BOTHEL, Washington -- While self-driving cars may not be in everyone's garage quite yet, self-driving bikes may be around sooner than people might expect.
Students at the University of Washington Bothell have worked for several years to develop a self-driving tricycle, as Elisa Hahn reports.
"We've accomplished a lot and we're not planning on stopping now," says one student working on the project.
Stopping and going may seem like simple functions, but programming autonomous trike to do them is anything but simple. Troubleshooting gives these engineering students "real world" experience, unlike what they may get in the classroom.
"You're working in lab,you have experiments that are carefully set up for you to get the right answer," says Tyler Folsom, a computer and software systems professor at UW Bothell. "You don't have to come into conflict with how the world really works. And Mother Nature is not always very cooperative."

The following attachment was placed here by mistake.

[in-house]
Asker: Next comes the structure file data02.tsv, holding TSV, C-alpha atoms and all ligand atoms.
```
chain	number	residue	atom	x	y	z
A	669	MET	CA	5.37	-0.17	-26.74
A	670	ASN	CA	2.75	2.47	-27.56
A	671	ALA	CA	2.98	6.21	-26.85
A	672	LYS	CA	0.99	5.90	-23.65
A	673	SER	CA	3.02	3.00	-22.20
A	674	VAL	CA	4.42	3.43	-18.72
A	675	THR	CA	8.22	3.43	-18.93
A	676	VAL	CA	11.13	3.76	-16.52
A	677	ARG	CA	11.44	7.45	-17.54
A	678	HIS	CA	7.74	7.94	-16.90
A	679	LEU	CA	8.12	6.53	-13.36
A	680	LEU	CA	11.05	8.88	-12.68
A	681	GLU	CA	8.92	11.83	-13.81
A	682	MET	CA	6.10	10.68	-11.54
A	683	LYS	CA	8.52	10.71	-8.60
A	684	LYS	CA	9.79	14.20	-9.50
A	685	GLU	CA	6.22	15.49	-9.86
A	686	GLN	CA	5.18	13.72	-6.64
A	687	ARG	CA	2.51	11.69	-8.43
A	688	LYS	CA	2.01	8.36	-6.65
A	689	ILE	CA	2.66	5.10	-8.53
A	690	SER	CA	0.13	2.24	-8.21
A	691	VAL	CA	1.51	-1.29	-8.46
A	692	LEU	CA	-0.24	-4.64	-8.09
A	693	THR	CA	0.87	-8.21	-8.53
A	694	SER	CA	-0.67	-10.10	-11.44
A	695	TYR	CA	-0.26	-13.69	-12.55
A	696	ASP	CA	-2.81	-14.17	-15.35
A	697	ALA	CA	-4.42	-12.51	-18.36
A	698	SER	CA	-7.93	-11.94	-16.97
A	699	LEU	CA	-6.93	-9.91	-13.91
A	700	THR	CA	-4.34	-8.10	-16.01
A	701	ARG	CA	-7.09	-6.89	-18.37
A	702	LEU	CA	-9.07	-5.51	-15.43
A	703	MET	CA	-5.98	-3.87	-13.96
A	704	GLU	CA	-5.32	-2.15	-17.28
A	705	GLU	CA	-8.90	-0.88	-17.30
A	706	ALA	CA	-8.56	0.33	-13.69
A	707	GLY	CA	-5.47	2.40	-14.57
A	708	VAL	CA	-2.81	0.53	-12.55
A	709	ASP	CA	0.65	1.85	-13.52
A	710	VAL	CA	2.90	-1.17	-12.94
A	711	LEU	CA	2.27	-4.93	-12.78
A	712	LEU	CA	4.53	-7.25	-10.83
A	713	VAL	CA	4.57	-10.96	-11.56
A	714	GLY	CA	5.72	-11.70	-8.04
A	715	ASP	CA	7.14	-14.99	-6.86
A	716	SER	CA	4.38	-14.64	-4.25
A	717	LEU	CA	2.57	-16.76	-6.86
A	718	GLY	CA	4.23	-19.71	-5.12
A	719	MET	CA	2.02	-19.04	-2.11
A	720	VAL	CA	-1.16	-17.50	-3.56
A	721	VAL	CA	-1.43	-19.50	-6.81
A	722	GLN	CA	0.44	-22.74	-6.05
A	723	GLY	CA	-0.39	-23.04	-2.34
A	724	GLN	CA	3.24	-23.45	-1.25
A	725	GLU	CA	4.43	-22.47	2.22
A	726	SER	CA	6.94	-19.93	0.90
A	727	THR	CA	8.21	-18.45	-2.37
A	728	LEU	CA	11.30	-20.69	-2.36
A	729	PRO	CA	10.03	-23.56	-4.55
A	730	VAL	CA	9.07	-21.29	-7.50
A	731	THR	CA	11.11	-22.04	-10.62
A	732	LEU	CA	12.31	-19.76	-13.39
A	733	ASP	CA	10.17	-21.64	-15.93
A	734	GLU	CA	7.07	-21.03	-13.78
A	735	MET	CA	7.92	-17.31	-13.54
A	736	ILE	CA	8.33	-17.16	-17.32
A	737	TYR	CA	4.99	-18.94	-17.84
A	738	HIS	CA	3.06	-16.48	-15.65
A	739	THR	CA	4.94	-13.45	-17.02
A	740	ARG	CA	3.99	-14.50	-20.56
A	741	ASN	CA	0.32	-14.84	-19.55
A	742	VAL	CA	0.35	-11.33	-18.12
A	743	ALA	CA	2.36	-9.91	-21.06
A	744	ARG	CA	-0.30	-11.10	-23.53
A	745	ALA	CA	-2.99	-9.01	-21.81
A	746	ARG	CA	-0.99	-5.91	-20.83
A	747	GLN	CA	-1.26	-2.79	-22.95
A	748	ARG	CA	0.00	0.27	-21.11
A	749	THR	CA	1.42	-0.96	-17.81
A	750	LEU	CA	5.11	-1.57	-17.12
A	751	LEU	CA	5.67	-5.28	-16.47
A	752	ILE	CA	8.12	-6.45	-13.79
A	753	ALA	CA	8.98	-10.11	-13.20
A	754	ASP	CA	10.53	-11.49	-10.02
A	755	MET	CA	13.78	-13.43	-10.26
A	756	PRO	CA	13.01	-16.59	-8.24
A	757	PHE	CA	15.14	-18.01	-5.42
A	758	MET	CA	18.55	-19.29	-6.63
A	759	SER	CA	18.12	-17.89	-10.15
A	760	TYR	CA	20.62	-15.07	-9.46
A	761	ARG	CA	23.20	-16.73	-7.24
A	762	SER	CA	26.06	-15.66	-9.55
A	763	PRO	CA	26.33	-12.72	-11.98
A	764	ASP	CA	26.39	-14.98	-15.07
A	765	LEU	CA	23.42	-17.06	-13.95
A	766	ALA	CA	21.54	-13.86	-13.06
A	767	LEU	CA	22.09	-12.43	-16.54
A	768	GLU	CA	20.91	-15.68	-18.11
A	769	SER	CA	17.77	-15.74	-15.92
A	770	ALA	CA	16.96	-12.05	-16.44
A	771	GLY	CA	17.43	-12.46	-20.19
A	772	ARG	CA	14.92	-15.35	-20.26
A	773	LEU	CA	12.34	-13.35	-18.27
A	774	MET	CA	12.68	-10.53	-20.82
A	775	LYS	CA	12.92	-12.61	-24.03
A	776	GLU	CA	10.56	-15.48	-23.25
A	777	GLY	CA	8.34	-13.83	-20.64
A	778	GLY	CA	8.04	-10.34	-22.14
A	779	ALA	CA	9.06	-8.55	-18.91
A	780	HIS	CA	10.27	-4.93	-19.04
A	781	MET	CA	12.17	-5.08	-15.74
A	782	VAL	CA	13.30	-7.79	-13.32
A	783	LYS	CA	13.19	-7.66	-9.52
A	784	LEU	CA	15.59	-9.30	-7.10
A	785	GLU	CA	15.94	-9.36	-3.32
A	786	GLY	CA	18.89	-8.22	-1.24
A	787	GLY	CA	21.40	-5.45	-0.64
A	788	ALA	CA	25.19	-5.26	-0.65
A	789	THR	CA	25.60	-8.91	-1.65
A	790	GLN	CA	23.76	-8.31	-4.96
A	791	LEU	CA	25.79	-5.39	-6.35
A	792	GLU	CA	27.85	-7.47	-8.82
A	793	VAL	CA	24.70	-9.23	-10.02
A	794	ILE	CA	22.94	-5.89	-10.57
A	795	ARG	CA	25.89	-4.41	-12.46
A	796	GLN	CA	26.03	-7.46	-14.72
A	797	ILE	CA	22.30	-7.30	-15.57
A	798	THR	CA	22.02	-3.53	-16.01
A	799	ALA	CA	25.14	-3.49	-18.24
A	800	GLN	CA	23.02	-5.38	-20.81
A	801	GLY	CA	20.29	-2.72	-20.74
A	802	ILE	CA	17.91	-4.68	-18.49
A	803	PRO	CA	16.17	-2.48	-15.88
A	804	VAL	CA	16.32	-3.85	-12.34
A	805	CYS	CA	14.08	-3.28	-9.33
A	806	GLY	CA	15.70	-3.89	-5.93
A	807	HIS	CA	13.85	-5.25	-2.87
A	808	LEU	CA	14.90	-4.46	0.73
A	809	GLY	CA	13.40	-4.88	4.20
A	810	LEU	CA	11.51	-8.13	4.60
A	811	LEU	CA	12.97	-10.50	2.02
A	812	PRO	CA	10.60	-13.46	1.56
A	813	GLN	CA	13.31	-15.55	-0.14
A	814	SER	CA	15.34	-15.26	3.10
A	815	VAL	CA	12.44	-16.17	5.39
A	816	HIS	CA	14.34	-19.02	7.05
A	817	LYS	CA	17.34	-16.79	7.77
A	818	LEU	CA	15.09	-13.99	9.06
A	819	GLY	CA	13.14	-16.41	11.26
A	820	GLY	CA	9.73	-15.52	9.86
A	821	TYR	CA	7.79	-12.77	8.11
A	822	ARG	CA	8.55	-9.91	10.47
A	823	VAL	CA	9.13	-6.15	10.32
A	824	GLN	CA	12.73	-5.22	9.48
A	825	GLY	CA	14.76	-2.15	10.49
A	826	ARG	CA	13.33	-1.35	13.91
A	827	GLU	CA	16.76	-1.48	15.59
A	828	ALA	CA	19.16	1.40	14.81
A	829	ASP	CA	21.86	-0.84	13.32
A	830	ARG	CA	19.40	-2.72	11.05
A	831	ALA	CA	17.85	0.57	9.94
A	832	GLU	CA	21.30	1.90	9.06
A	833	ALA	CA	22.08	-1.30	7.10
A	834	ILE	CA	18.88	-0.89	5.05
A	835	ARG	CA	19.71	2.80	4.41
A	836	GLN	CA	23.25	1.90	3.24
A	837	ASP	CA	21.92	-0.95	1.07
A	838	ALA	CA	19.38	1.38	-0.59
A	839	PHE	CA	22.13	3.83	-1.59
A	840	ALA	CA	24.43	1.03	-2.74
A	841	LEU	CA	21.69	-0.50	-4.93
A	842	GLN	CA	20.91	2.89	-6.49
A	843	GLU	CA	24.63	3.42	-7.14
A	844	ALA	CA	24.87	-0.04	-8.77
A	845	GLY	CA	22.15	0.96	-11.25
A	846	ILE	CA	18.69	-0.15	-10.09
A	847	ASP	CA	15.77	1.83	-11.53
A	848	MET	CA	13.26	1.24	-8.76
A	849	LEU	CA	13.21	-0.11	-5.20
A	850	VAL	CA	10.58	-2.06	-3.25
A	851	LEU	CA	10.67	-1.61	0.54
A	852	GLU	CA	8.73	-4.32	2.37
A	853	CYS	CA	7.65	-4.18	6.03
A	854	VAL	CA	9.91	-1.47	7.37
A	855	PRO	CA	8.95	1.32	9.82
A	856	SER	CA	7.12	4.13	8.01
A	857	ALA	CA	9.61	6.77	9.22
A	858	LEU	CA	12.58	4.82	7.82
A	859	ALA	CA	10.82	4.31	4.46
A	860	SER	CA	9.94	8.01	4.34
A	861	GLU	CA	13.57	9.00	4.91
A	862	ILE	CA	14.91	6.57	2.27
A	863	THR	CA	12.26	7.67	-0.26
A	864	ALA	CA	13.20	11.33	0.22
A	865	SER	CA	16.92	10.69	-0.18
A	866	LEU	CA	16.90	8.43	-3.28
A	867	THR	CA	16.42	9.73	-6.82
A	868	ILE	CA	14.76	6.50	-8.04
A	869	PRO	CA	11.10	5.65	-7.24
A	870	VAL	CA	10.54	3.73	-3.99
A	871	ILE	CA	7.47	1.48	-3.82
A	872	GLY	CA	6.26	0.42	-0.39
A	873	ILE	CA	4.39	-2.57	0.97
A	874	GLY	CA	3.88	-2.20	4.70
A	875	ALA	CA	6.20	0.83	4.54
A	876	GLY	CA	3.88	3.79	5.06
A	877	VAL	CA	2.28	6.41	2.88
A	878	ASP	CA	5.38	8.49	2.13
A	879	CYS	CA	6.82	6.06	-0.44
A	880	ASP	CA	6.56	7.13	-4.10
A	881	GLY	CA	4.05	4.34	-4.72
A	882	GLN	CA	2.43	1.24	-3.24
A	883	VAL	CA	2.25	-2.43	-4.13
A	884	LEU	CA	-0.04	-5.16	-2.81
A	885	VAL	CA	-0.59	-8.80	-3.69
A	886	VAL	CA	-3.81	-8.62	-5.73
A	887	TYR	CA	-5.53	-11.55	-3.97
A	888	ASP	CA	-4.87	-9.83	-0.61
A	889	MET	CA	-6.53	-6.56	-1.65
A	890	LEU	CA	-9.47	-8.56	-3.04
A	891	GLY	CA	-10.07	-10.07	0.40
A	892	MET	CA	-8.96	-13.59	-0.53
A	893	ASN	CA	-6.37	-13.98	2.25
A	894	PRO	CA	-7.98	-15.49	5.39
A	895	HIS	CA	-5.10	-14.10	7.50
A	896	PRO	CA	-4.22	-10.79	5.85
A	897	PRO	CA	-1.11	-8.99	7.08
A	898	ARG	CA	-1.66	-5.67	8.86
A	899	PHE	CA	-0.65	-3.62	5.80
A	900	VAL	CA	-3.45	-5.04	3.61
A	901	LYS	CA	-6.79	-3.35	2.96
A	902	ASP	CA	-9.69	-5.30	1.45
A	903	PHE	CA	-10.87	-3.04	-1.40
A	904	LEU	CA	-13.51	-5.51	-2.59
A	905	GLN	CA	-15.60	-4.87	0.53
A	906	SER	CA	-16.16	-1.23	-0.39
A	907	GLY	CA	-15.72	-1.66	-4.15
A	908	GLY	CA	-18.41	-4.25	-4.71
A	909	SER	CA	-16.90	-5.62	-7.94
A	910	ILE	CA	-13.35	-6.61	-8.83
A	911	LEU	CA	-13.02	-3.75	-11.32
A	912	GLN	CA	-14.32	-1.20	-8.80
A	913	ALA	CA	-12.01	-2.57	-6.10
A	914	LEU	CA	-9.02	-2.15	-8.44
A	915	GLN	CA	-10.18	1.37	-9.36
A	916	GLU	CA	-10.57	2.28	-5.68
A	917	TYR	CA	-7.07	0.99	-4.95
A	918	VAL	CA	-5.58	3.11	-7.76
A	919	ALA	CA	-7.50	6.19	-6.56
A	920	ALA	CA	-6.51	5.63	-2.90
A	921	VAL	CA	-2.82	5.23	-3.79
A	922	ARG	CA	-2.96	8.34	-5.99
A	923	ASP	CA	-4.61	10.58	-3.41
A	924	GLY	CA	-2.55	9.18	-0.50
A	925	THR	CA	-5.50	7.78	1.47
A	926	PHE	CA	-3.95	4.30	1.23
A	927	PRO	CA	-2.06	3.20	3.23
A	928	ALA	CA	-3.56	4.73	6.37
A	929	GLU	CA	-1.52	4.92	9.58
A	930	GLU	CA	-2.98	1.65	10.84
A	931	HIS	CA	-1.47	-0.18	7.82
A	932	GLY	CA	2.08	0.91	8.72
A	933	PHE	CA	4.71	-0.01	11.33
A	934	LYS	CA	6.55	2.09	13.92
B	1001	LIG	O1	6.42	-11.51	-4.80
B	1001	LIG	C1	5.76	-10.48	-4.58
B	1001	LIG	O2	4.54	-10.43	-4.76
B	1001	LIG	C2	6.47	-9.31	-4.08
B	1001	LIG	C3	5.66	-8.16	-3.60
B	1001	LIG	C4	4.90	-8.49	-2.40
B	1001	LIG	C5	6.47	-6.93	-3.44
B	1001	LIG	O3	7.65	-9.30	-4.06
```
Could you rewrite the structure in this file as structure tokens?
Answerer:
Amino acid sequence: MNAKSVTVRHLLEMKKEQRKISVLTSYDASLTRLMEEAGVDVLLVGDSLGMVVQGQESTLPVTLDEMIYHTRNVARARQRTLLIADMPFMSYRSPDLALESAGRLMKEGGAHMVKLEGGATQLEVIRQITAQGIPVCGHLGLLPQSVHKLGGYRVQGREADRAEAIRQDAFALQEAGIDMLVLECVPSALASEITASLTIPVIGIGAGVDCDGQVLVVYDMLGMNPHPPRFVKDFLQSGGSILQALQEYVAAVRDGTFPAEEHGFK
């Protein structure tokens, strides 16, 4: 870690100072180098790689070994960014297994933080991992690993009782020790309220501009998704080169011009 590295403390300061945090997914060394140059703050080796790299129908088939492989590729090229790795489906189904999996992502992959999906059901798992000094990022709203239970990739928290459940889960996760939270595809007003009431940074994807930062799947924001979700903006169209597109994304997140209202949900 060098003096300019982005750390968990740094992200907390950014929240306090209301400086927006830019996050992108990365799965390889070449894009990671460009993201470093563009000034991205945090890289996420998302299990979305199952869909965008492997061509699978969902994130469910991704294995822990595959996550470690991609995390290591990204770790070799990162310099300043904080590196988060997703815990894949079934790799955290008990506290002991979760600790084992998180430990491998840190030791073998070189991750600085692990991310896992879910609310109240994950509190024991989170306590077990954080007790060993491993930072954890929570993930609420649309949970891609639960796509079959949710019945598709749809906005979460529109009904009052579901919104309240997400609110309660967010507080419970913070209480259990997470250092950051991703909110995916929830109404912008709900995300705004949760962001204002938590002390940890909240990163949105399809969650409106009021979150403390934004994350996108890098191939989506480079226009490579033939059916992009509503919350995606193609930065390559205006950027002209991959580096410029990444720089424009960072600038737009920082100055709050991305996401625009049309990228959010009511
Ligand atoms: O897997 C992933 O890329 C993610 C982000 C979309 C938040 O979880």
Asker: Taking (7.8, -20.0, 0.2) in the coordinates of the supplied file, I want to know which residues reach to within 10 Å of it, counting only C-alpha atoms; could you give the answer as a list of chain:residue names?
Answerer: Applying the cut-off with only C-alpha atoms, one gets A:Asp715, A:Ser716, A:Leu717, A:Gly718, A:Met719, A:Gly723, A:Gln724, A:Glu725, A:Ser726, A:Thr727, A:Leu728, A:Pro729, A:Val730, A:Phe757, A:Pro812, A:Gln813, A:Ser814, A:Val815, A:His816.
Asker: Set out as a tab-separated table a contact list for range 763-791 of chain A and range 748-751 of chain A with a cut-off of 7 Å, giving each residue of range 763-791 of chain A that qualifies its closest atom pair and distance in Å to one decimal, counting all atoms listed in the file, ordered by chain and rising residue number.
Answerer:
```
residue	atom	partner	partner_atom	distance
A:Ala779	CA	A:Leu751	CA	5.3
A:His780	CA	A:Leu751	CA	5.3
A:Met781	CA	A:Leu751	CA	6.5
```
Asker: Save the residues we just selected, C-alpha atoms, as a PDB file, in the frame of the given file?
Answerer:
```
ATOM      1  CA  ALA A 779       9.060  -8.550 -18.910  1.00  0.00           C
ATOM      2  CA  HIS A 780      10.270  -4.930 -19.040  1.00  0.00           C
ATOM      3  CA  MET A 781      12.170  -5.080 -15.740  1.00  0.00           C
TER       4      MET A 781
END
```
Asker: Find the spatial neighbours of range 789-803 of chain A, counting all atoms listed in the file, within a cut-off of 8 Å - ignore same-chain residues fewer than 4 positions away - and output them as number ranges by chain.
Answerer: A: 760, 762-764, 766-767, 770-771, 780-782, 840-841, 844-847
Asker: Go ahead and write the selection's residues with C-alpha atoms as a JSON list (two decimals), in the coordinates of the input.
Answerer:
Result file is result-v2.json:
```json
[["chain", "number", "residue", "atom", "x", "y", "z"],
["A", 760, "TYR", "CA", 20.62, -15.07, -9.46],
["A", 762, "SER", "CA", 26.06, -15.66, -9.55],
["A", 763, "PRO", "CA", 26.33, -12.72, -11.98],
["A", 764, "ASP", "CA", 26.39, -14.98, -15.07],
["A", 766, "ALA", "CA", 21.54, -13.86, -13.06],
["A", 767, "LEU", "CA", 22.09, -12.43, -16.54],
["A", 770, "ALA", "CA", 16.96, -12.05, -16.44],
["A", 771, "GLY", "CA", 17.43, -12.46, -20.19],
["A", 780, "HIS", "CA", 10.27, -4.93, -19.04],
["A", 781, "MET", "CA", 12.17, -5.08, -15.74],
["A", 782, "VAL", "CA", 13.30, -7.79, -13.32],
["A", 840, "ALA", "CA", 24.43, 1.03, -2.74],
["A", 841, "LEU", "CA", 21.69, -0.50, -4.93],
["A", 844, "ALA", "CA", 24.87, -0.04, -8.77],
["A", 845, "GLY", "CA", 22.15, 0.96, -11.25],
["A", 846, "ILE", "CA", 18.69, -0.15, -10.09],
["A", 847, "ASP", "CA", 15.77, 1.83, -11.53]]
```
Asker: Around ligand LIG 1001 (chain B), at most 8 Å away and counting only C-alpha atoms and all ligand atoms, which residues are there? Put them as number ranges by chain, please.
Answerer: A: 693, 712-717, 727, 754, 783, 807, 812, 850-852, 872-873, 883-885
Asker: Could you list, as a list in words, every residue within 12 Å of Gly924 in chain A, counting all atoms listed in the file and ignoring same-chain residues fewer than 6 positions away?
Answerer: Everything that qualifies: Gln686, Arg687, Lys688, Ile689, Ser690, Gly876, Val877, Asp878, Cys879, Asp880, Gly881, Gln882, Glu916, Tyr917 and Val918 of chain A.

The project began with a $75,000 grant from Amazon, which attracted a group of talented students with the motivation to see the project through.
While they have been successful in getting the trike to drive with a remote, they say the true test is programming it to take a specific route on its own.
Students named the trike Elcano, after the first explorer to circumnavigate the globe.
The trike gives riders a stable platform and the lighter weight allows a fuel-efficient system to use far less energy than a car. The end product will be open-sourced for anyone to use.
"We've been working on this for years and it's going, and it feels really good," says Folsom.